The Teachers Savings and Credit Co-operative, Umwalimu Sacco, has reduced its lending interest rate by three per cent to encourage members to apply for loans.
The sacco has reduced its lending rate from 14 per cent to 11 per cent following government’s intervention to make loans affordable to teachers.
A Cabinet meeting last week resolved to support the sacco and approved Rwf5 billion grant to boost its capital base.
The sacco, which has 60,000 members and a capital base estimated at Rwf40 billion, lends Rwf14 billion per year, according to data available.
Uplift social status of teachers
The sacco’s director-general, Joseph Museruka, said the government pledged its support in a bid to uplift the social status of teachers, mainly those in public schools.
“It was towards the end of last year that the government decided to increase their salary by 10 per cent, now they are being facilitated to access cheaper loans,” he said.
Mr Museruka added that 18 per cent of the Rwf5 billion added to the sacco’s coffers would help teachers to access mortgages with a 15-year repayment period instead of five.
The special credit facility will only benefit teachers in public schools and their counterparts in private schools, who will be charged 14 per cent interest, he added.
Need to strengthen saccos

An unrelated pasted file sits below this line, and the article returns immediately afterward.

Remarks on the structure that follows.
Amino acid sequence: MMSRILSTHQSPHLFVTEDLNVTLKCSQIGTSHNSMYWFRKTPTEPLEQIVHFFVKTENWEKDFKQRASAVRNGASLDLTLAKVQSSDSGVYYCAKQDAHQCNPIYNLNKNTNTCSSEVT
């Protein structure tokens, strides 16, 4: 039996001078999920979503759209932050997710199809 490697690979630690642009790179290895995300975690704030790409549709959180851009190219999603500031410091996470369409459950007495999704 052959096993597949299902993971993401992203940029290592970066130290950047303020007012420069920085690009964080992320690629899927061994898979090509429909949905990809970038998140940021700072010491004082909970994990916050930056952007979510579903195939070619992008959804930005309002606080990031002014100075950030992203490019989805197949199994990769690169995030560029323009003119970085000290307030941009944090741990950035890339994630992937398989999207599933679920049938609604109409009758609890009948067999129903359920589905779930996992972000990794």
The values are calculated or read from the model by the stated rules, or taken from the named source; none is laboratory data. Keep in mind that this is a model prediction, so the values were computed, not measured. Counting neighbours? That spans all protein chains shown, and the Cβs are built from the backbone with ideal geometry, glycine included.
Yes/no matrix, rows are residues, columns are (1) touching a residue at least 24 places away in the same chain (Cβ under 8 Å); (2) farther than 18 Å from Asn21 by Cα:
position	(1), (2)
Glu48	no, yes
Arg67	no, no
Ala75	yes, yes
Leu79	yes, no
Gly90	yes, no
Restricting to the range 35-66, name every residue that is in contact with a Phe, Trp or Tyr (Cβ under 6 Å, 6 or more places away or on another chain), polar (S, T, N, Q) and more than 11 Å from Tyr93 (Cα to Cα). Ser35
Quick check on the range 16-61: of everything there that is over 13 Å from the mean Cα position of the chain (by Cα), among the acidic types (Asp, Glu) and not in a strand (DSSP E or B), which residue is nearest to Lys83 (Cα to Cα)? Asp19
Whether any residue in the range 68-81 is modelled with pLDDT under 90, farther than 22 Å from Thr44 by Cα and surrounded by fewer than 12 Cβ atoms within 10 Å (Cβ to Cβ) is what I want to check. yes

While presenting this year’s budget statement in June, Finance Minister John Rwangombwa underscored the need to strengthen saccos, saying they had become an important instrument of economic and social transformation.
He also announced that the government had allocated Rwf2.6 billion to provide technical assistance to saccos.
Last year, the government launched a programme of donating one cow per teacher countrywide in order to motivate them.
Ministry of Education reports indicate that 257,000 cows are given to teachers every year. The government expects to donated 700,000 cows by 2014.
Motivated by government’s initiatives
Catherine Uzamushaka, a beneficiary of the programme, said teachers have been motivated by government’s initiatives to uplift their standards of living.
Mrs Uzamushakawho, a primary school teacher in Jali Sector, said teachers would donate calves when their cows deliver so as to ensure continuity of the programme.
Meanwhile, the government early this year awarded A2 teachers a salary increment of 10 per cent.
The Minister of Public Service and Labour, Mr Anastase Murekezi, said the teachers would get at least a 56 per cent salary increment over six years and other public workers between 25 per cent and 35 per cent over the same period.